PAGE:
Noun - Accusative Neuter Singular
Strong's Greek 2917: From krino; a decision ('crime').

on himself.
ἑαυτῷ (heautō)
Reflexive Pronoun - Dative Masculine 3rd Person Singular
Strong's Greek 1438: Himself, herself, itself.
(29) Unworthily.--This word is not in the best Greek MSS.

Damnation to himself.--The Greek word hero does not imply final condemnation. On the contrary, it only means such temporal judgments as the sickness and weakness subsequently mentioned, and which are to save the man from sharing the final damnation of the heathen.

Not discerning the Lord's body.--The words "the Lord's" are to be omitted, the weight of MS. evidence being altogether against their authenticity. 1Corinthians 11:30 is a parenthesis, and 1Corinthians 11:31 re-opens with this same verb. The force of the passage is, "He who eats and drinks without discerning the Body (i.e., the Church) in that assembly, eats and drinks a judgment to himself; for if we would discern ourselves we should not be judged."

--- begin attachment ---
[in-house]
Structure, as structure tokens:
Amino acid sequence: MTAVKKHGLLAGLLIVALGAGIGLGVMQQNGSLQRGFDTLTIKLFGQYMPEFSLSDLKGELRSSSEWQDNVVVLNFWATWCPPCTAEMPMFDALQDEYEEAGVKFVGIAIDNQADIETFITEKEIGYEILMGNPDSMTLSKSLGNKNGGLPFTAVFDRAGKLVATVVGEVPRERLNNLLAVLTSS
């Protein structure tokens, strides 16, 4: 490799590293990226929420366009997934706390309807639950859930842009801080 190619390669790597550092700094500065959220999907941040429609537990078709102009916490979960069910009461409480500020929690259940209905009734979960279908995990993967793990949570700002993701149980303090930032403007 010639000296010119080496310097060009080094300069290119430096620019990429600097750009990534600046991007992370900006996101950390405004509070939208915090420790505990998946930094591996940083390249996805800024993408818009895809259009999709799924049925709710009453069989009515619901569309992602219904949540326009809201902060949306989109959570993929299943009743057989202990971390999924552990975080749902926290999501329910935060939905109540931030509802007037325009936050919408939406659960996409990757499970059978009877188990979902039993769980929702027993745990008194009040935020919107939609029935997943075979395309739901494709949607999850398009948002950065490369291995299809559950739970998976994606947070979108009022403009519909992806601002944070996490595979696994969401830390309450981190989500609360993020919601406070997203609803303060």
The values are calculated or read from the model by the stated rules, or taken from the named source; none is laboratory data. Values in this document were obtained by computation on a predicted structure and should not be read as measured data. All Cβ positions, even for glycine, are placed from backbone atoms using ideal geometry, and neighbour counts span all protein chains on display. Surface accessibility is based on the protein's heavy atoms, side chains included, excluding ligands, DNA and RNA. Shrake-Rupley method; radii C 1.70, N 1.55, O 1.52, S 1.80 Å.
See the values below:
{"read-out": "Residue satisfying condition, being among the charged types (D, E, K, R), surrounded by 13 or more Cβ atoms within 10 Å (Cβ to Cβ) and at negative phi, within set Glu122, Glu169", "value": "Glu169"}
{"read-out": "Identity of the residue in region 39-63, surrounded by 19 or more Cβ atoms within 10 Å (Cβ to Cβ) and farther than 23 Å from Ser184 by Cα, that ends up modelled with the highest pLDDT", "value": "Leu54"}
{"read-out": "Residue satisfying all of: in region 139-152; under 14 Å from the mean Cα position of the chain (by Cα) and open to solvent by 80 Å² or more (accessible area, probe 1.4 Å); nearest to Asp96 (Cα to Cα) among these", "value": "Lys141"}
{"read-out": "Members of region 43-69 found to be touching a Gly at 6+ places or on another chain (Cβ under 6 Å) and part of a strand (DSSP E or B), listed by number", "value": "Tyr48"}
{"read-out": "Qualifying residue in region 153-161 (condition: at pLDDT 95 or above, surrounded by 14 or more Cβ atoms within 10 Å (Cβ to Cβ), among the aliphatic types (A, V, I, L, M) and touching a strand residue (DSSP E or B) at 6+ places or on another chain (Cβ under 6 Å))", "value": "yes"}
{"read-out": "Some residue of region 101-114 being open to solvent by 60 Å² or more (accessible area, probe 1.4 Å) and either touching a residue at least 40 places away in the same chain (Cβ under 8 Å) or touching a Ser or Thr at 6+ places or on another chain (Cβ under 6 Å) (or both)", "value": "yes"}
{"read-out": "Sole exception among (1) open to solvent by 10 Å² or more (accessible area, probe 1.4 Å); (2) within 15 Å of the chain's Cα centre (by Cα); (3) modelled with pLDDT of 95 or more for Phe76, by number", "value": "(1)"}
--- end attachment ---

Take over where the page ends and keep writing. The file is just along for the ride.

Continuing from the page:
There are some important points to be borne in mind regarding this interpretation of the passage. (1) The Greek word, which we render "discerning," "discern," signifies to arrive at a right estimate of the character or quality of a thing. (2) The fault which St. Paul was condemning was the practice which the Corinthians had fallen into of regarding these gatherings as opportunities for individual indulgence, and not as Church assemblies. They did not rightly estimate such gatherings as being corporate meetings; they did not rightly estimate themselves as not now isolated individuals, but members of the common Body. They ought to discern in these meetings of the Church a body; they ought to discern in themselves parts of a body. Not only is this interpretation, I venture to think, the most accurate and literal interpretation of the Greek, but it is the only view which seems to me to make the passage bear intelligibly on the point which St. Paul is considering, and the real evil which he seeks to counteract. (3) To refer these words directly or indirectly to the question of a physical presence in the Lord's Supper, is to divorce them violently from their surroundings, and to make them allude to some evil for which the explicit and practical remedy commended in 1Corinthians 11:33-34 would be no remedy at all. Moreover. if the word "body" means the Lord's physical body, surely the word "Lord's" would have been added, and the words, "and the blood," for the non-recognition of the blood would be just as great an offence. (4) St. Paul never uses the word "body" in reference to our Lord's physical body, without some clear indication that such is meant. (See Romans 7:4; Philippians 3:21; Colossians 1:22.) On the other hand, the use of the word "Body," or "Body of Christ," meaning the Church, is frequent. We have had it but a few verses before, in reference to this very subject (1Corinthians 10:16). It is also to be found in Romans 12:5; Ephesians 1:22; Ephesians 5:23; Ephesians 5:30. (In this last passage, "of His flesh and of His bones," are not in the best MSS., and destroy the real force of the "Body," which means "Church.")